It takes only a sweeping glance of her office to understand where Elizabeth Sackler finds motivation. Throughout the room are framed highlights from her career, photos of the public historian with friends like Gloria Steinem, shots of her family, and, of course, artwork.
Globally, the Sackler name is synonymous with art. Her father, renowned psychiatrist Dr. Arthur M. Sackler, made his fortune in medical advertising and was one of the world’s foremost art collectors and patrons, with holdings in the tens of thousands and benefactions at the Smithsonian Institution, the Metropolitan Museum of Art, Princeton, and Harvard. His influence — and work ethic, having started working at 13 to help his family recover from the Depression — is still a clear driving force in his daughter, Elizabeth. Now 68 years old, regal and commanding, she has spent decades carving out space for herself within her family’s vast, moneyed legacy, but never strayed far from art. “My father always said to me, ‘When you die, you need to leave the world a better place than when you entered it’,” she told Women in the World on a rainy morning in her Manhattan headquarters.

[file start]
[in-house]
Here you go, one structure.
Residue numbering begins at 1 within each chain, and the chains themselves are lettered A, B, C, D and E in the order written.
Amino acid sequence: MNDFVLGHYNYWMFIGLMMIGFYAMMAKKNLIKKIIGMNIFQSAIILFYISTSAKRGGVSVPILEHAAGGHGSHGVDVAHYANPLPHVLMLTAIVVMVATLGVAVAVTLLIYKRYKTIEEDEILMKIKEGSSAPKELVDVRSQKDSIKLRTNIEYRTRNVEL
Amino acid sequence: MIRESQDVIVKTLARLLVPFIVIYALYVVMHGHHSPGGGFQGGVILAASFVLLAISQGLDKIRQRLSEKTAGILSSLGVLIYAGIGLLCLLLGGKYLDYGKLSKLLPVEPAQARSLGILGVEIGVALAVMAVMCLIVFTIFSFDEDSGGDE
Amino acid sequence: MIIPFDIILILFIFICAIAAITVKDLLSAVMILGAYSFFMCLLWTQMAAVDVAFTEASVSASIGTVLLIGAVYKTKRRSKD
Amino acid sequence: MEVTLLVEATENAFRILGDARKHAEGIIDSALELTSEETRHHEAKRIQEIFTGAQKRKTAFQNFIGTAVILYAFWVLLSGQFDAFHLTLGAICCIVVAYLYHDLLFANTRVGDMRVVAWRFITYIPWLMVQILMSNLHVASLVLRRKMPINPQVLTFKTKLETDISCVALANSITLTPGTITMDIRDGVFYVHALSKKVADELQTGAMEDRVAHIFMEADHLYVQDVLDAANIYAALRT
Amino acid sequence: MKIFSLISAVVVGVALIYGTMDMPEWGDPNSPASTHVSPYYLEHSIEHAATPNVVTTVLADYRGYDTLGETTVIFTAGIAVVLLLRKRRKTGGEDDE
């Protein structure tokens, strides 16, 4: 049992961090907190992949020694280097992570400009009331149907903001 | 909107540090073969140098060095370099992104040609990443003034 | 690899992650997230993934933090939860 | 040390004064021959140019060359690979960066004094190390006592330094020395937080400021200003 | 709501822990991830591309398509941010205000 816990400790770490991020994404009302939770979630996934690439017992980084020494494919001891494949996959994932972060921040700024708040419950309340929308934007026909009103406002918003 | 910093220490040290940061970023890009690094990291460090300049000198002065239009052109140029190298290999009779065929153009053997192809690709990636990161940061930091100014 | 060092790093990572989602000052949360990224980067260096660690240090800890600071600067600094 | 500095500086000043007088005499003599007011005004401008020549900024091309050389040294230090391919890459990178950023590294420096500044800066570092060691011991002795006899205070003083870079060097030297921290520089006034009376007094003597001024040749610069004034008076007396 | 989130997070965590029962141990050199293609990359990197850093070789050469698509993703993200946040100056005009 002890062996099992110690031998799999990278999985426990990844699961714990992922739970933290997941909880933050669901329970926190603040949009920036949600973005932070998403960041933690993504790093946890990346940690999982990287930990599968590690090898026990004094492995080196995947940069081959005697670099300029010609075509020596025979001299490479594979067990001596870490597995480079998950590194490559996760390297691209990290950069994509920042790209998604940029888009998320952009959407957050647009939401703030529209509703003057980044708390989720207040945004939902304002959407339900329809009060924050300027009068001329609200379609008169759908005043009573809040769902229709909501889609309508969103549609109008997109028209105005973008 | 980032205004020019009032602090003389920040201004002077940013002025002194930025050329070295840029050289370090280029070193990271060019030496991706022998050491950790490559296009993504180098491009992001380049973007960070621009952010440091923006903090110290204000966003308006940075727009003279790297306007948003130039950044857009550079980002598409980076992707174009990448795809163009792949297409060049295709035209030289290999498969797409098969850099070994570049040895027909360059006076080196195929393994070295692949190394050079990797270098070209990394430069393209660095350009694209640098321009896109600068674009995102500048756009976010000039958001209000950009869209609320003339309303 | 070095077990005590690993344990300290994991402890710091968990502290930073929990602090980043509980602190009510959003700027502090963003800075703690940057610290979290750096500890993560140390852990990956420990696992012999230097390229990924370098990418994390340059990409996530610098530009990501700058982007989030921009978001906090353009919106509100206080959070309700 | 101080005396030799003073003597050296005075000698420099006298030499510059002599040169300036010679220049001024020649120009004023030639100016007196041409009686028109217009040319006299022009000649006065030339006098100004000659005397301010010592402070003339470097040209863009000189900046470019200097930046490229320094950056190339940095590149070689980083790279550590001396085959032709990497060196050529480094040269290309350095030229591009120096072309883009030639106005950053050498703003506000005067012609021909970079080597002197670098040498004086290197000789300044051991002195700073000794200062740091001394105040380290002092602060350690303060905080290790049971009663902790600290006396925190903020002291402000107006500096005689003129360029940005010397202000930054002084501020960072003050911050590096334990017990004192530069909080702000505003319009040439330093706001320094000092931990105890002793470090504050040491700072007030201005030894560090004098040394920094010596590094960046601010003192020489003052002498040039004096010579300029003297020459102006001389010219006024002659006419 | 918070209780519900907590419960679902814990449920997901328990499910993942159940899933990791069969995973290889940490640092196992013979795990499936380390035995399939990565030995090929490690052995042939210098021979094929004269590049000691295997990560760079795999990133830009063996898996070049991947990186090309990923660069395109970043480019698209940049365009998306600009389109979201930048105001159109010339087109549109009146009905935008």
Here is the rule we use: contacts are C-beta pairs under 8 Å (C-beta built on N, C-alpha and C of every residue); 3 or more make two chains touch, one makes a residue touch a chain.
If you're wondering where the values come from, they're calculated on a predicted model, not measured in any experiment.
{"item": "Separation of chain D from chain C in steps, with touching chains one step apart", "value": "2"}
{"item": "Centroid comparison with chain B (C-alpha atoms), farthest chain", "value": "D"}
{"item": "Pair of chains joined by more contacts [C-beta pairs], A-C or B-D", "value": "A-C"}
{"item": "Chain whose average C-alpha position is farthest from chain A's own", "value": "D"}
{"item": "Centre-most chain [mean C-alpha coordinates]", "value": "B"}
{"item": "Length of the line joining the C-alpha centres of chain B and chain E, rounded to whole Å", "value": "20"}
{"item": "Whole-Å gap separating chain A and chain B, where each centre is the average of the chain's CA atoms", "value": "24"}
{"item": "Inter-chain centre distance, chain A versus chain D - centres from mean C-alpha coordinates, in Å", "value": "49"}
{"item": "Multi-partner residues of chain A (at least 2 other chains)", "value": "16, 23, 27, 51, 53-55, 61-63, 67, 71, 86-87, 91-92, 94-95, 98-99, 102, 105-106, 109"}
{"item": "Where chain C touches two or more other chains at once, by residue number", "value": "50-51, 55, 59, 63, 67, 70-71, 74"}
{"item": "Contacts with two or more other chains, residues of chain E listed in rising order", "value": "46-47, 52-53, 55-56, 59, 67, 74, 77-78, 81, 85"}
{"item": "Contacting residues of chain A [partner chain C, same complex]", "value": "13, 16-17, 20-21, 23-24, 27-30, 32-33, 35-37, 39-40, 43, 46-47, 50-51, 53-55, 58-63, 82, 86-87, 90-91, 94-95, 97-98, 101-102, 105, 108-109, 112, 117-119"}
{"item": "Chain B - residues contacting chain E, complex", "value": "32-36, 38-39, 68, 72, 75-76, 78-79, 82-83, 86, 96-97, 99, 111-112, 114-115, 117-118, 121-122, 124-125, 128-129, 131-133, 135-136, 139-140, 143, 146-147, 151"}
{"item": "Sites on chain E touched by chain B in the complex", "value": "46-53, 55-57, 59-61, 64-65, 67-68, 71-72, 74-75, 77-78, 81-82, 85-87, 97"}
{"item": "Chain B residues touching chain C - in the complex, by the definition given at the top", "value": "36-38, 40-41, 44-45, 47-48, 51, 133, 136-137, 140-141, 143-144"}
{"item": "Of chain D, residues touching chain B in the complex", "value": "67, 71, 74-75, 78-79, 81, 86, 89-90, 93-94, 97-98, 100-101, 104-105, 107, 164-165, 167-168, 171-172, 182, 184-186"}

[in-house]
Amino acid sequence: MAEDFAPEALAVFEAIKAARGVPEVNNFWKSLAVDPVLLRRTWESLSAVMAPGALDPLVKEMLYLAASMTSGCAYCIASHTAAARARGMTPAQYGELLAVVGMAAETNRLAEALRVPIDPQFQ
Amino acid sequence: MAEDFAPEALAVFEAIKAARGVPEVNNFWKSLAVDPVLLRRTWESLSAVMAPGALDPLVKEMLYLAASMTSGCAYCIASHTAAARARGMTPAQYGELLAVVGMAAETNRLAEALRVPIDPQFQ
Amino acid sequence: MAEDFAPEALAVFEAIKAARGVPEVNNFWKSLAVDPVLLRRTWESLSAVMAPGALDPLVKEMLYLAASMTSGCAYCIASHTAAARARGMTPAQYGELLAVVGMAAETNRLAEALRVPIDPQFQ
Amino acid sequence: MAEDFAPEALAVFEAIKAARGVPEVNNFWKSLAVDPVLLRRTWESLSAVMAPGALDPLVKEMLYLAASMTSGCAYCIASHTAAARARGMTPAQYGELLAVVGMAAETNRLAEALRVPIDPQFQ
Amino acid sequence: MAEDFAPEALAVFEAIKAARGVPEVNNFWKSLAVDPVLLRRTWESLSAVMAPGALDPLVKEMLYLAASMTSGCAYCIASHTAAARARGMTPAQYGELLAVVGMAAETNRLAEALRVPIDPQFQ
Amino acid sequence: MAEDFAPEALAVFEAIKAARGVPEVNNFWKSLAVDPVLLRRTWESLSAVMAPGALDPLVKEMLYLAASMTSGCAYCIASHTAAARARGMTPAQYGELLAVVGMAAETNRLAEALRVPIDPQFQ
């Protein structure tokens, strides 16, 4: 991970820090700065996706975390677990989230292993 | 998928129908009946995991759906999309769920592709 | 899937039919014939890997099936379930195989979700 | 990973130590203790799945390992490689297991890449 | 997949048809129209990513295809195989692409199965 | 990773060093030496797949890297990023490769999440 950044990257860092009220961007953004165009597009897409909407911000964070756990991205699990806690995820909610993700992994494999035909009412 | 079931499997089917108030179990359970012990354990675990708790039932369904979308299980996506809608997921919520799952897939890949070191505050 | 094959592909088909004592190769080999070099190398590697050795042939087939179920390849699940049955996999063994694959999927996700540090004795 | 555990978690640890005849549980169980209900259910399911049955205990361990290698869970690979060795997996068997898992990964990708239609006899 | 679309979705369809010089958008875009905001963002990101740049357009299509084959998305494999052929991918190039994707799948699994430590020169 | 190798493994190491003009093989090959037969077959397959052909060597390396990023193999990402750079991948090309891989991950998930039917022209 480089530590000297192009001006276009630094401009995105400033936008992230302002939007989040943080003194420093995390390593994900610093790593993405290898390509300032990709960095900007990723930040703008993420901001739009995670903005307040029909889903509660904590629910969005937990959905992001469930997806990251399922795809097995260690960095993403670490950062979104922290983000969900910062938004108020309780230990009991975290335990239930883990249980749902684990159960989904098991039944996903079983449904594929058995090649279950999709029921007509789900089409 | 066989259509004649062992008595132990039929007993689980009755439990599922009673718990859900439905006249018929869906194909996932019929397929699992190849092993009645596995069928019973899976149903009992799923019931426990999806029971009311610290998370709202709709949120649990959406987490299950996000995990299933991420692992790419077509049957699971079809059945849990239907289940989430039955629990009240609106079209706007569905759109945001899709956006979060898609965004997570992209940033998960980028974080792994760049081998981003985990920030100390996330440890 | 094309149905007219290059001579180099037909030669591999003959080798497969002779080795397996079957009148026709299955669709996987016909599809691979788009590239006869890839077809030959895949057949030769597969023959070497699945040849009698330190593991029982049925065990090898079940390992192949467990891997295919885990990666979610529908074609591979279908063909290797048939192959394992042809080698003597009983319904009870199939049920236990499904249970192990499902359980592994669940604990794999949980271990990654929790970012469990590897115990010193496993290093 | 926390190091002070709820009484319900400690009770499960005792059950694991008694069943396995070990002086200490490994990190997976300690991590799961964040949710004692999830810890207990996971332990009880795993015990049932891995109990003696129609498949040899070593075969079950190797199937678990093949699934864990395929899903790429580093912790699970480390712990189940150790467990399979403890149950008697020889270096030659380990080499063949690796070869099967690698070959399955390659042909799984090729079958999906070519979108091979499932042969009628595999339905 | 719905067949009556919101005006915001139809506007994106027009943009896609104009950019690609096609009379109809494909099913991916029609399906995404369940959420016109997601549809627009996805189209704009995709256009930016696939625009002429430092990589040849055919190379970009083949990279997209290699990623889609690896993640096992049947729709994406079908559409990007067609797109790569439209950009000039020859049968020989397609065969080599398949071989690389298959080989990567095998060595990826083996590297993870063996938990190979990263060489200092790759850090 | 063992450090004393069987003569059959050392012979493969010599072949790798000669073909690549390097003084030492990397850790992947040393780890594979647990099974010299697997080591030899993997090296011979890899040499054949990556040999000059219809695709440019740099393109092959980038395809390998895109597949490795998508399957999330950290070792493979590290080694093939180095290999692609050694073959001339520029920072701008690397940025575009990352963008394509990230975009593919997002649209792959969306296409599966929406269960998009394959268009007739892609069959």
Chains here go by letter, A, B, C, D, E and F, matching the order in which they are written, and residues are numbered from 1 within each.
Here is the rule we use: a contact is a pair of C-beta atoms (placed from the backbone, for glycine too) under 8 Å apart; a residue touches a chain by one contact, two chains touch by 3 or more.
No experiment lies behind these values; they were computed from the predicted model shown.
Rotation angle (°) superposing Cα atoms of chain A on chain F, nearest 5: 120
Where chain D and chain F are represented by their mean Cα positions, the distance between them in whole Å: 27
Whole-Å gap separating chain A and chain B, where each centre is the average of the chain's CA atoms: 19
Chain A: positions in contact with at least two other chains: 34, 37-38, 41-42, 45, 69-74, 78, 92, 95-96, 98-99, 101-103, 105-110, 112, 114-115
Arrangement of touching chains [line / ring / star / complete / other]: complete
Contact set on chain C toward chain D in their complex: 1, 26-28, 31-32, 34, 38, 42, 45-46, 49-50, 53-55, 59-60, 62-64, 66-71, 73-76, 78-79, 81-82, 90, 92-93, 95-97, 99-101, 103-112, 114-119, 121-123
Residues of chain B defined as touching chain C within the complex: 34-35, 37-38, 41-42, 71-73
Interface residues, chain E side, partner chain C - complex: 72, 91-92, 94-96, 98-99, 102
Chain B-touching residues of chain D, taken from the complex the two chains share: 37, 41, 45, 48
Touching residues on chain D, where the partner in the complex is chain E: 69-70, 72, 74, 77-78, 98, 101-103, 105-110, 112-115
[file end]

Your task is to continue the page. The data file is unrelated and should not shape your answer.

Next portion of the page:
As the first female chair of the Brooklyn Museum’s board in its 200-year history, having established the first-of-its-kind Elizabeth A. Sackler Center for Feminist Art, Elizabeth Sackler is the powerhouse responsible for some of the most compelling programs that New York museum-goers have ever seen. As a testament to the nature instilled by the elder Sackler, a man responsible for New York City’s first integrated blood bank, she has used her powerful position to make room for those typically marginalized: women, American Indians, the Jewish community, and incarcerated people.
Art was always a part of her life, she explained, but “the social justice piece comes out because I can’t help myself.”